I find it hard to believe that I have been in Seoul, South Korea for a week already. The first week was busy with trying to settle in, explore, and get ready for classes starting soon.
I feel fortunate that before I left California, I was introduced to a friend of a friend who is part of the same exchange program as me. We decided to take the same flight to Incheon airport. Although we don’t know each other very well yet, it is nice to go into a new environment and through some of the initial arrival stress with someone else.
My entry into South Korea was not the warmest: I had my check-in bag, my carry-on suitcase, and my backpack searched, drug tested, and then x-rayed at customs. During this process the customs officer gave me dirty looks and uttered “ugh American” under their breath. After that ordeal was finally over, our next task was transportation to our hotel. We got out of customs three minutes too late to catch the bus from Incheon to Seoul, so we looked for a taxi instead. It was a pleasant surprise that despite the language barrier, our driver was enthusiastically trying to converse with us by using a translation app called Papago. He would even hold the microphone button so we could speak into his phone to keep the conversation going. His genuine kindness is what I needed after a 13-hour flight and bad experience at customs.
Over the next four days I helped my friend’s friend move into her dorm, braved the Seoul subway system for my first time (tip: Naver maps is the most English friendly and useful application for directions in Seoul), explored the neighborhoods around my host university, went to a couple of aesthetic cafes (something Seoul is famous for), moved into my apartment, and bought some essentials like bedding. The experience of trying to buy household essentials when you don’t know any of the appropriate vocabulary in your host country’s language is interesting, but luckily, I was met with friendly salesclerks willing to try and figure things out together. The last two days of my first week consisted of long orientation days: one day for my exchange program and one day for my host university.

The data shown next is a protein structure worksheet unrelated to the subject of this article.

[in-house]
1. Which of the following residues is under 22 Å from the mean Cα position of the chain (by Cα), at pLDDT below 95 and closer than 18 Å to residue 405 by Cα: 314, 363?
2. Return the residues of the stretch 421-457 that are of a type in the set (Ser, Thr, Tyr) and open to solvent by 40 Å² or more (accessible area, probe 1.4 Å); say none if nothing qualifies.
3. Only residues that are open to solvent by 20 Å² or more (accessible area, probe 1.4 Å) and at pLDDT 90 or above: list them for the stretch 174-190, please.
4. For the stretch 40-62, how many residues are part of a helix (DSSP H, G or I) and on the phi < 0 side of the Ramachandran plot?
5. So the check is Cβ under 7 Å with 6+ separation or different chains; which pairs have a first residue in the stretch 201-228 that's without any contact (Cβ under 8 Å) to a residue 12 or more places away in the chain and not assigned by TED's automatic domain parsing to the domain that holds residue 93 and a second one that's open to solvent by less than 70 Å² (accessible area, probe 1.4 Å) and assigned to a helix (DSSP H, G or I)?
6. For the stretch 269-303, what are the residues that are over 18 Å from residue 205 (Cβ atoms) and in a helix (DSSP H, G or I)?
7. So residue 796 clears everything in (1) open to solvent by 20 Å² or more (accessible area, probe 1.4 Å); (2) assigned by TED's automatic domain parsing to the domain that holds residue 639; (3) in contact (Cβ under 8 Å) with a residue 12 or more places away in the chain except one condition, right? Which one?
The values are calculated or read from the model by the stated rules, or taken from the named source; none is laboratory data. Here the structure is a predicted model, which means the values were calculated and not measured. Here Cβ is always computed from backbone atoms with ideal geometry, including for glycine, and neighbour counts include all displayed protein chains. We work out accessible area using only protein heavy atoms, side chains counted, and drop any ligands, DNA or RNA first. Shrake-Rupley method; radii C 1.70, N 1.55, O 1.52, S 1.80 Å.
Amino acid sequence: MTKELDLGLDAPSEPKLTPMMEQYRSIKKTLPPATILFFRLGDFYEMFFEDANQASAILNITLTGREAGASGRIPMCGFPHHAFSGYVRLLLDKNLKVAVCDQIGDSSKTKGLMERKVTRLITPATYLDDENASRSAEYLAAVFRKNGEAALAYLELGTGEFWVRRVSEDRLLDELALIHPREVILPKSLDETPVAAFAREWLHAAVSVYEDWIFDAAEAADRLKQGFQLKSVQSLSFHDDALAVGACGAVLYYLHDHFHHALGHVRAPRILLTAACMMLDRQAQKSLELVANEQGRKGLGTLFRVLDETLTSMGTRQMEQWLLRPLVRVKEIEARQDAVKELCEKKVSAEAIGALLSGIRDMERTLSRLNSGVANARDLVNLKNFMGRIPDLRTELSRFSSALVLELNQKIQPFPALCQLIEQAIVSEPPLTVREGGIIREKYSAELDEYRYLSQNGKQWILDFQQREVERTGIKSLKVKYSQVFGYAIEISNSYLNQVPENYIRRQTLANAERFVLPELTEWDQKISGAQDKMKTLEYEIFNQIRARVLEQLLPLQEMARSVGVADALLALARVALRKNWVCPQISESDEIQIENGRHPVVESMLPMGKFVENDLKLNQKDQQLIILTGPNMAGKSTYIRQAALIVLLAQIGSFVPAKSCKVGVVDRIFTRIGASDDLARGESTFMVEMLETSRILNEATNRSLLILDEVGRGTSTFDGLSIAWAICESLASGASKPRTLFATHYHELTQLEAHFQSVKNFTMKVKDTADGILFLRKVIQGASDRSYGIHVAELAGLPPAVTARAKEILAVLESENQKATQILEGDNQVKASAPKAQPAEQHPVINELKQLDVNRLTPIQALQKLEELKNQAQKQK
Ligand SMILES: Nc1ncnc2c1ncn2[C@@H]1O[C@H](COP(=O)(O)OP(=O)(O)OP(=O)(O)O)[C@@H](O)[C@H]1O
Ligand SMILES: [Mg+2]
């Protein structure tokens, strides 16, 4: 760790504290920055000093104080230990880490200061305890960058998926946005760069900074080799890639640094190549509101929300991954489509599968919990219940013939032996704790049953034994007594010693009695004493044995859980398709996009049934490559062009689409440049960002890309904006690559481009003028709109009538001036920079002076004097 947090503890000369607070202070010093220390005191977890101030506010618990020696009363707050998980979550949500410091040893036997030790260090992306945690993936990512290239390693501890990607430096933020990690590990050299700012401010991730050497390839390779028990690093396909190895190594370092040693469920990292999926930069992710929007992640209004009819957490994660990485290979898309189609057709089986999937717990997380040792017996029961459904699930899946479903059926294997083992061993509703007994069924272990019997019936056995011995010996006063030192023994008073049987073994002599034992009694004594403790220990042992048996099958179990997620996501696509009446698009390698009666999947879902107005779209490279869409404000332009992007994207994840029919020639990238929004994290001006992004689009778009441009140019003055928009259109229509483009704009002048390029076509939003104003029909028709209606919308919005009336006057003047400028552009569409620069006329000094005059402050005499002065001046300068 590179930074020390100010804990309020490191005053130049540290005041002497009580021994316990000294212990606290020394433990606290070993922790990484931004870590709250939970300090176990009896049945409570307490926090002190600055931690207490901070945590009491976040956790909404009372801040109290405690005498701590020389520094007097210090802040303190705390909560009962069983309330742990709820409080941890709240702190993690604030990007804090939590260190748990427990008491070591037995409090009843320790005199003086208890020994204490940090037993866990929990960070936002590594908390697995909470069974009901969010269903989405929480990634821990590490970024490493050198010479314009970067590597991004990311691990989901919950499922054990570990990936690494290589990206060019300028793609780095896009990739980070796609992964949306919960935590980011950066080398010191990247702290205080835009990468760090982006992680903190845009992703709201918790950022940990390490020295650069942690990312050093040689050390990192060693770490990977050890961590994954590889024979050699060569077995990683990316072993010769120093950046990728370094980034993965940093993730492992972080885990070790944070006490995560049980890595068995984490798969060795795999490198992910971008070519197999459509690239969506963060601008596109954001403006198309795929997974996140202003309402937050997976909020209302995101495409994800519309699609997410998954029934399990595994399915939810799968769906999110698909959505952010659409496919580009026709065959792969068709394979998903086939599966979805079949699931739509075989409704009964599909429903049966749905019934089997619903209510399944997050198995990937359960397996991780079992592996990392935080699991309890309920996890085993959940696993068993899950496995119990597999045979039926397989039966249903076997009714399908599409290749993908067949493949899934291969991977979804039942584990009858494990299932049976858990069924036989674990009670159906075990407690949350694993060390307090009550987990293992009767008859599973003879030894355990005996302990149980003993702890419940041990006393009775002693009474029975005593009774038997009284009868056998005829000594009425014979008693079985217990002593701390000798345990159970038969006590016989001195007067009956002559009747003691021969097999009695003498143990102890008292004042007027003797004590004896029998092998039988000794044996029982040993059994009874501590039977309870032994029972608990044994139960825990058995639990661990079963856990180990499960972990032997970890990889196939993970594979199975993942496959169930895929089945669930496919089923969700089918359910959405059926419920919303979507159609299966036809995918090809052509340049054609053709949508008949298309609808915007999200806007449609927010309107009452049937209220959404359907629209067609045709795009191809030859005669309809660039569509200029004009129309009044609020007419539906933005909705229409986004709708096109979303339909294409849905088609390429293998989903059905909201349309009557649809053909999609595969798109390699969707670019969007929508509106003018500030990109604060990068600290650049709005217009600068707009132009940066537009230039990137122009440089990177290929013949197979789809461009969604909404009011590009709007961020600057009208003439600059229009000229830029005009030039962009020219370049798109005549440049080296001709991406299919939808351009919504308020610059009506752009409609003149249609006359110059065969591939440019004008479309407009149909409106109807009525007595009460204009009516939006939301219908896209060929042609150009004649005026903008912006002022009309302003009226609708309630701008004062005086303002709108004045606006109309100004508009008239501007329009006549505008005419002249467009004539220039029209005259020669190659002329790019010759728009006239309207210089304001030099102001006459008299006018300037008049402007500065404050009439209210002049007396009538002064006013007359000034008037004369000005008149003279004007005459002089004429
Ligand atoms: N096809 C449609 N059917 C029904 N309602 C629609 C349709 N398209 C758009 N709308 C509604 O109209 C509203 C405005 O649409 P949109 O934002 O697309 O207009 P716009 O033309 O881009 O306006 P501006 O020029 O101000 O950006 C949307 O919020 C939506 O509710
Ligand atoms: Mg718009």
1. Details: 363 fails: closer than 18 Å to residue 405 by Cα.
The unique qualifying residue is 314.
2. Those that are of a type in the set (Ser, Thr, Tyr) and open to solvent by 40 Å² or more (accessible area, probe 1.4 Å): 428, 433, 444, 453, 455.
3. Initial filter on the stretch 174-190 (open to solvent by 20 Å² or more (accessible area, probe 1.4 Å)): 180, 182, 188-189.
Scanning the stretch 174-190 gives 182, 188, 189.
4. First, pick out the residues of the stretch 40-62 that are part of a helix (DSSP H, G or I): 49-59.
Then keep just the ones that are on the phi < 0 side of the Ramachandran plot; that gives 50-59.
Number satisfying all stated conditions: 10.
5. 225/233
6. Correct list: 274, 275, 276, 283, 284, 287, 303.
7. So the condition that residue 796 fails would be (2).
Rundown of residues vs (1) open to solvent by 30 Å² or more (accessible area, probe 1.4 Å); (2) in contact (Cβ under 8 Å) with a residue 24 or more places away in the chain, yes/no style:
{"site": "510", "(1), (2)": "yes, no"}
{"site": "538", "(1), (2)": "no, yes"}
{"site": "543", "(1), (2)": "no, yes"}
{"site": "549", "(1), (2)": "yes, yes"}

Although my first week in Seoul had its ups and downs, I have learned that experiences are what you make of them. It is stressful moving to a new country where you don’t speak the language, but as long as I can learn to be flexible, willing to embarrass myself, and practice patience (mostly with myself), then I believe that I can have an incredible and unforgettable experience here.
Classes will start in a few days, and I am looking forward to learning about this new home of mine through its history, music, and language both in- and outside of the classroom.